Cases of harassment and abuse continue to rise with every breaking dawn. Abuse may take different forms, from sexual to physical, emotional, and many more types. These may occur at the workplace, home, or other settings.
Associated Mental Effects Of Abuse
The sad thing about abuse and harassment is that it takes a toll on the victim. Most victims end up with consequent psychological problems, such as depression, feeling of worthlessness, anxiety, and extreme fears of guilt. These feelings can lead them down a rabbit hole, and if left unchecked, they may end up with suicidal thoughts.
So, to prevent these, here are five essential tips to support your mental health after incidences of abuse and harassment:
1. Go Through Supportive Training
A training exercise is most useful in a job setting where sexual harassment cases are prevalent. If you fall victim to such an incident, you may undergo training to learn how to prevent sexual harassment in the workplace. The training program may be carried out online, which will only take a little from your working time. You’ll conclude with an exam and afterward get a certificate of completion.
Such programs will help you familiarize yourself with various channels you can use to report any suspected cases of harassment and abuse, whether for you or any of your colleagues. Moreover, through the training exercise, you may prevent further cases of abuse or harassment in your workplace.
2. Accept What Happened
As a natural human instinct, the brain tends to shove traumatic experiences to the side to escape the reality of the event. However, ignoring your problems may only cause them to accumulate. And in the future, this can end up being disastrous.
Although difficult, accepting the reality of being a victim of abuse may help you protect your mental health. After all, acceptance is the first step to recovery. By admitting what you went through, you’ll be taking the bull by the horns. You’ll bring the feelings to the surface, which will help you develop a coping strategy to deal with the underlying negative emotions face to face.
3. Don’t Blame Yourself
Self-blame will only slow down your healing process especially if thoughts of shame and fault keep on looming over your mind. Always remember that the events that transpired aren’t your fault. The guilty party in this incident is the perpetrator, and you’re the victim.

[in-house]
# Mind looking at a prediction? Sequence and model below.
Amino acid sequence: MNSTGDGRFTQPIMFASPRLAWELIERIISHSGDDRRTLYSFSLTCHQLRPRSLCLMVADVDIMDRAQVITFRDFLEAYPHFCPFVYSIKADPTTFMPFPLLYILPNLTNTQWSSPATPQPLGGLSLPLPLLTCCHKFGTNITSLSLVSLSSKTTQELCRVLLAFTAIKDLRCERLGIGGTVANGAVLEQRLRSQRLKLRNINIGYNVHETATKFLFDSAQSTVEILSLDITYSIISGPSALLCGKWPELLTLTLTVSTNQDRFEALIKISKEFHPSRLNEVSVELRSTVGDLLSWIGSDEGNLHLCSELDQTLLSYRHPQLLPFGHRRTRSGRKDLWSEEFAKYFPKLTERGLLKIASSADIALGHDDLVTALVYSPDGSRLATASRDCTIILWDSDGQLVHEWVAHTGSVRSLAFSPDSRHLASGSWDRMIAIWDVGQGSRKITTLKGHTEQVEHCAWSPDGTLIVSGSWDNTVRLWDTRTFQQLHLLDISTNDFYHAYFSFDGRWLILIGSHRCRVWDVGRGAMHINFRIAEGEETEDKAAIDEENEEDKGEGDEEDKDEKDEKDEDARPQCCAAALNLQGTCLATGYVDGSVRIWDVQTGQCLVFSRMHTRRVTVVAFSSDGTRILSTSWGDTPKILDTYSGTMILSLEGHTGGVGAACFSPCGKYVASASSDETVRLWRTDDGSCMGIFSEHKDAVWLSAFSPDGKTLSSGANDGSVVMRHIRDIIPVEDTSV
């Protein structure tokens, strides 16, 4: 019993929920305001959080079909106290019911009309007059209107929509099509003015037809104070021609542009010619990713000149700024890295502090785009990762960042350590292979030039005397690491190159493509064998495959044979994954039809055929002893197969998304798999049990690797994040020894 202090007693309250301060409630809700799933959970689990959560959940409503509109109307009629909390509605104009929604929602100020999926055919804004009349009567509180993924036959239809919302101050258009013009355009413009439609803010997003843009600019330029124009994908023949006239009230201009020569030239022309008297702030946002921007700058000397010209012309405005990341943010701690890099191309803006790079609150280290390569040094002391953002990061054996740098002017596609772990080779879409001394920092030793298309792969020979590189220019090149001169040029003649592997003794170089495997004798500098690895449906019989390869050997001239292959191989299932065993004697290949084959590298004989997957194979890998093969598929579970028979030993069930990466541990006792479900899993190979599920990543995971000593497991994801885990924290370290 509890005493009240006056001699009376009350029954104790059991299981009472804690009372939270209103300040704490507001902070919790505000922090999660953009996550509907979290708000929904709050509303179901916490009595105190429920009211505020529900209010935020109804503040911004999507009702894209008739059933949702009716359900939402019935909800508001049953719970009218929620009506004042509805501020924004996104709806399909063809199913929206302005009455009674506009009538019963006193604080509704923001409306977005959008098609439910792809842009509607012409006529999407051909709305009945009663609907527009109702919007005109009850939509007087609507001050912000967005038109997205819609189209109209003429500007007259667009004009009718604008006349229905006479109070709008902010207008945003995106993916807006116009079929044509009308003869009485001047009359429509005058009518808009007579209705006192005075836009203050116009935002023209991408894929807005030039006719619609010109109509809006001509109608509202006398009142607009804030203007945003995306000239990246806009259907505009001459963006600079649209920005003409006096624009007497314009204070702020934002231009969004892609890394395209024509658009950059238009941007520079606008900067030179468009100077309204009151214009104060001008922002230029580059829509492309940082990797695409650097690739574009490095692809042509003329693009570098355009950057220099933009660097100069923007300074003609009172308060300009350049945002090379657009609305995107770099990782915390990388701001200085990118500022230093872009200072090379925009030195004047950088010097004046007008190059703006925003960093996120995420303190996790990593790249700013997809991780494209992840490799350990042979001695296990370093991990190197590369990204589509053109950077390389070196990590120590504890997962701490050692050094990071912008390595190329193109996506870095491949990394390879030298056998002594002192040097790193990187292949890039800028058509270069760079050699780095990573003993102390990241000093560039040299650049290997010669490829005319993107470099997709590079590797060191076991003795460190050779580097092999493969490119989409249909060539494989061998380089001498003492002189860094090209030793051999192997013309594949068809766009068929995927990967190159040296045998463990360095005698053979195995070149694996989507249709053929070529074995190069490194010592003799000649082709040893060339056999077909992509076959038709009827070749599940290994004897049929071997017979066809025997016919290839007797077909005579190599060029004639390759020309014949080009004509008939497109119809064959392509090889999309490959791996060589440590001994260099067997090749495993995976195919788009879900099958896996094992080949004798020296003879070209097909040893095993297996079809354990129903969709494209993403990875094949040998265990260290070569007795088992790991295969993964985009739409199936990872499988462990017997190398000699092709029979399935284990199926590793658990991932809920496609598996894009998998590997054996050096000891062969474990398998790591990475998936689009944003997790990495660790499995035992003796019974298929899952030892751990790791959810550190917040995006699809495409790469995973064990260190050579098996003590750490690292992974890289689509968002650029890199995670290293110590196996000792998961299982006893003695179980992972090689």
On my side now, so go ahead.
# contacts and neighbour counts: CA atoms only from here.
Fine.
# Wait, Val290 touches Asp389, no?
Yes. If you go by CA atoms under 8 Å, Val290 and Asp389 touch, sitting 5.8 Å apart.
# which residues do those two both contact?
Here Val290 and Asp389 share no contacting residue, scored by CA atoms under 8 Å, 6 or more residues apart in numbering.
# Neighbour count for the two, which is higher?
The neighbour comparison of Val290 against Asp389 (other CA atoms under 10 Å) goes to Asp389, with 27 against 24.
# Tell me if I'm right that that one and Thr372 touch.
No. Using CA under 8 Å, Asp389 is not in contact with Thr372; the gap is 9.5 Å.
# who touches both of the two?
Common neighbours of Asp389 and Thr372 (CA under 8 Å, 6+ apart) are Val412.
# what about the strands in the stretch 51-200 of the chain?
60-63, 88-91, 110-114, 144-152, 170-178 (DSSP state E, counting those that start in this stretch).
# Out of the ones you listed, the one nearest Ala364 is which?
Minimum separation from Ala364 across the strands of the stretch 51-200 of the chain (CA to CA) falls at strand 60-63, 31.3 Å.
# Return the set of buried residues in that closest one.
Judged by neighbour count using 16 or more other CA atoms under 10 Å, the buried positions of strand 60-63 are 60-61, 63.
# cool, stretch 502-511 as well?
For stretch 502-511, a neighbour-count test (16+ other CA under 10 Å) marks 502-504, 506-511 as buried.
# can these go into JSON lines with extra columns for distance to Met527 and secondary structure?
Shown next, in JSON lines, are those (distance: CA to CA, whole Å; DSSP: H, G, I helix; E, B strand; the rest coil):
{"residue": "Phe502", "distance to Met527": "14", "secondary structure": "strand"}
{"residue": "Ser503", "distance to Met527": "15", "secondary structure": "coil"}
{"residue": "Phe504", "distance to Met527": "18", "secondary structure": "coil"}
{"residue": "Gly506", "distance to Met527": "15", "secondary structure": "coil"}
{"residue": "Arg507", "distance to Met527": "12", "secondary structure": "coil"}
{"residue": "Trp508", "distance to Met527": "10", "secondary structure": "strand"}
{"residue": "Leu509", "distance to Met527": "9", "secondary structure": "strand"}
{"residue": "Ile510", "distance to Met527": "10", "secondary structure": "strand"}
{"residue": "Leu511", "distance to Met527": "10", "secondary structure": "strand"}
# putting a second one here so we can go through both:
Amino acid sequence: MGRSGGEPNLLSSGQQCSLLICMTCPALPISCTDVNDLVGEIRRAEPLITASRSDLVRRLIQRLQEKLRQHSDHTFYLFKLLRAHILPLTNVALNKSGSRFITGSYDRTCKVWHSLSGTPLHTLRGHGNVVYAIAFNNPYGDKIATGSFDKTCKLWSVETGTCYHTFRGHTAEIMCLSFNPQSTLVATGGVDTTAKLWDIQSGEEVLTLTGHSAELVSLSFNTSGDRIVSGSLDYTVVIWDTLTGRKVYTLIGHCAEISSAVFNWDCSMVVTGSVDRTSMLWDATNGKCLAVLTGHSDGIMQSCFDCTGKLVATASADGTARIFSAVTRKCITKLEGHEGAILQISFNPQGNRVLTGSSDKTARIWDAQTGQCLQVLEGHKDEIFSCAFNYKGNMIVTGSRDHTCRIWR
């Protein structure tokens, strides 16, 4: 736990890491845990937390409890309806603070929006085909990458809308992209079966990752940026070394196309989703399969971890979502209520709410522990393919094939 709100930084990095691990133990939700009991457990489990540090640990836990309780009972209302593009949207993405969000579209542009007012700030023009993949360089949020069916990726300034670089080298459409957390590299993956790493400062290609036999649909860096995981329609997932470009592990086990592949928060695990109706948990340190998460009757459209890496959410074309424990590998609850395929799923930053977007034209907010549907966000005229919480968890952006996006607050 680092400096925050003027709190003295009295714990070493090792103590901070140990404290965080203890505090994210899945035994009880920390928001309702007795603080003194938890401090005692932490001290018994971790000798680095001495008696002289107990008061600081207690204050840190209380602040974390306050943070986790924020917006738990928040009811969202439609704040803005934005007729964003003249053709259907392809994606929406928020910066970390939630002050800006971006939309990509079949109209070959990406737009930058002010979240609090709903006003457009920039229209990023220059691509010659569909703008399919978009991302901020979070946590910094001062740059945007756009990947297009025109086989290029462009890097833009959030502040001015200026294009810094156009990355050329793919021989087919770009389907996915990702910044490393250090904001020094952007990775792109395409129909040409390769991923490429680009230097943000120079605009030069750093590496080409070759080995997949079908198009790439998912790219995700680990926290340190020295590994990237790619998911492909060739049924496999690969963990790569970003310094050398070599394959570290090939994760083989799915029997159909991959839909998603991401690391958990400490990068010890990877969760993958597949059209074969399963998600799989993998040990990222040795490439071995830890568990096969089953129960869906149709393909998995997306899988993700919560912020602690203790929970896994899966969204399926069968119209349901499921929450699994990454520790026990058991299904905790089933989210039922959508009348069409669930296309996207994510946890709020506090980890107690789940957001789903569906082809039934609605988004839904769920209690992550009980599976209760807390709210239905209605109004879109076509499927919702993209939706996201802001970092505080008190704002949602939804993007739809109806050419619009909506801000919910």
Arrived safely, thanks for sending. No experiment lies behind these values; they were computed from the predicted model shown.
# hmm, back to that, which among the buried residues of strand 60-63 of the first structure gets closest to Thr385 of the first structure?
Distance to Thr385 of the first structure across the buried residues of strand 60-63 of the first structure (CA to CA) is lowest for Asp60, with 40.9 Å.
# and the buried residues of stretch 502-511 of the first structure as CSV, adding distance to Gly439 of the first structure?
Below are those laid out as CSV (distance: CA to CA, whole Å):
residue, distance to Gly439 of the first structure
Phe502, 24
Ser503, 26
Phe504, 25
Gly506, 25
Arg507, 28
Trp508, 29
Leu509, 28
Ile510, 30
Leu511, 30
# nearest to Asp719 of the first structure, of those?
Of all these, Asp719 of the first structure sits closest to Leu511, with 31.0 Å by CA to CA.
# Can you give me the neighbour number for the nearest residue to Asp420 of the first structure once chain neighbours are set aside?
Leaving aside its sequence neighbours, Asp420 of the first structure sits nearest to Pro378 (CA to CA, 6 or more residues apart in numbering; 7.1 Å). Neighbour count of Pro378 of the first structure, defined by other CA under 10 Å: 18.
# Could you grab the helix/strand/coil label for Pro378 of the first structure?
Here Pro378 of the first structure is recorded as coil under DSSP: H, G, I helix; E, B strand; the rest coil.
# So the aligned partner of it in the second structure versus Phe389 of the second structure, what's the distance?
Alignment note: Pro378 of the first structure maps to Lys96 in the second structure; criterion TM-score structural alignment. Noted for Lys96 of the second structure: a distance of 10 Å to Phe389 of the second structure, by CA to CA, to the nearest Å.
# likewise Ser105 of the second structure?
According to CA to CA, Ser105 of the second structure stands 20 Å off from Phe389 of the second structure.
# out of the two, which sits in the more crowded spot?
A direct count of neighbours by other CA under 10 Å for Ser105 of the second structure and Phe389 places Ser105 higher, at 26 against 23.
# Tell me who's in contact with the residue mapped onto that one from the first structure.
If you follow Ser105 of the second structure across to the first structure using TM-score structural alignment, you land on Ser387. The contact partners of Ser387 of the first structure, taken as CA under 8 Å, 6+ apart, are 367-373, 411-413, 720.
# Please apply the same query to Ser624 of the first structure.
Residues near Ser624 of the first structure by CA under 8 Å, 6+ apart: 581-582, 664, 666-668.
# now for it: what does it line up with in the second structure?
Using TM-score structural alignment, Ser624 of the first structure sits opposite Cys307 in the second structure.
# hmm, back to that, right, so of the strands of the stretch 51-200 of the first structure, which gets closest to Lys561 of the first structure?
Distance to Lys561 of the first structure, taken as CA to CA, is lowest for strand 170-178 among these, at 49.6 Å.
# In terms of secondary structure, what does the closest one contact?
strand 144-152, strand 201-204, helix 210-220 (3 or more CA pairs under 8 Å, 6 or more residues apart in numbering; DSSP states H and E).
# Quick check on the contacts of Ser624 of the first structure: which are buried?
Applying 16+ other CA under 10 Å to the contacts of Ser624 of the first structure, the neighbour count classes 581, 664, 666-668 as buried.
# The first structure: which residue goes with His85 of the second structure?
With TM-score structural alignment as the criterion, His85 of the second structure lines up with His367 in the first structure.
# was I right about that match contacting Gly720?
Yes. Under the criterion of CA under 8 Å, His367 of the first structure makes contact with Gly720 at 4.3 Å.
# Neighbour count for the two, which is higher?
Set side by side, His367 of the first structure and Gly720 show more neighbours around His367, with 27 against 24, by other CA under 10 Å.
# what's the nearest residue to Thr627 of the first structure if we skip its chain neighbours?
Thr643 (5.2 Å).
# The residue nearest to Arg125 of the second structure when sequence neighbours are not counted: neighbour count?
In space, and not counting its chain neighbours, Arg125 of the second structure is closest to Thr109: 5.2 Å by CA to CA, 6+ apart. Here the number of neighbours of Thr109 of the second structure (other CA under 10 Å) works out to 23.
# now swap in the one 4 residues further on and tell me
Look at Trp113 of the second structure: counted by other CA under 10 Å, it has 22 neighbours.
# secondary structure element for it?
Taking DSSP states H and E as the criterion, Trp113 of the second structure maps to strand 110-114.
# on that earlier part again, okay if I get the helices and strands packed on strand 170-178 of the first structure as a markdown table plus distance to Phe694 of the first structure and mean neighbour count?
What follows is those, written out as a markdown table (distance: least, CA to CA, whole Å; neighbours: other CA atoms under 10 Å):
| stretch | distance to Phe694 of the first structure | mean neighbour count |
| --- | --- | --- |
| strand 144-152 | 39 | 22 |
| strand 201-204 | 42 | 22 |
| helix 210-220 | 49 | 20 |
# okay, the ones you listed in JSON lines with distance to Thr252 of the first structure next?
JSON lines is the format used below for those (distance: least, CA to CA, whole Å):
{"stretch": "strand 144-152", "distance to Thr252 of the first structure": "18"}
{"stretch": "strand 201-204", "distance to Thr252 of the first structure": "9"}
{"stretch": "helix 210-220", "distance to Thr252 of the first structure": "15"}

You didn’t have control over their actions. However, you can control what happens next by taking gradual but progressive steps to recover from the traumatic experience. Start by shunning all the self-reproaching thoughts you may be experiencing to protect your mental health and ultimately heal faster.
4. Talk To Someone
As mentioned earlier, abuse of any kind can have an immense impact on your emotional wellbeing. In most sexual harassment cases, victims tend to shy away from talking about their ordeals as the topic is commonly associated with shame. This only worsens the situation as victims end up with depression, lowered self-esteem, Post Traumatic Stress Disorder (PTSD), and other psychological traumas.
It’s said that a problem shared is a problem half solved. Hence, you should talk to someone about your experience. You may seek counseling services from a professional psychologist, approach a trusted friend or family member, or join a support group.
Even when you think you’re strong enough to deal with the effects of abuse, talk to someone anyway. This will bring you more relief, and you’ll eventually gain some form of closure.
5. Use Your Experience To Help Others
Believe that what doesn’t kill you only makes you stronger. You can use your experience to offer meaningful advice to people who’ve been in a situation like yours.
You could write blogs—build a website for abuse and harassment victims where you can share knowledge on how to handle and overcome such incidents. You may also volunteer in community support groups for victims of abuse. By sharing advice, you’ll bring yourself peace of mind and build your resiliency.
Harassment or abuse of any kind often has severe consequences to the victim’s psychological wellbeing if left unchecked. If you’ve been a victim, you should employ measures to support your mental wellness after an abusive event. You should accept the reality of the terrible incident, go through training, share your feelings with a trusted person, avoid criticizing yourself, and use your experience to help others in similar situations.
Ultimately, you’ll gain closure from the difficulty, boost your resilience, and protect your mental health and general welfare.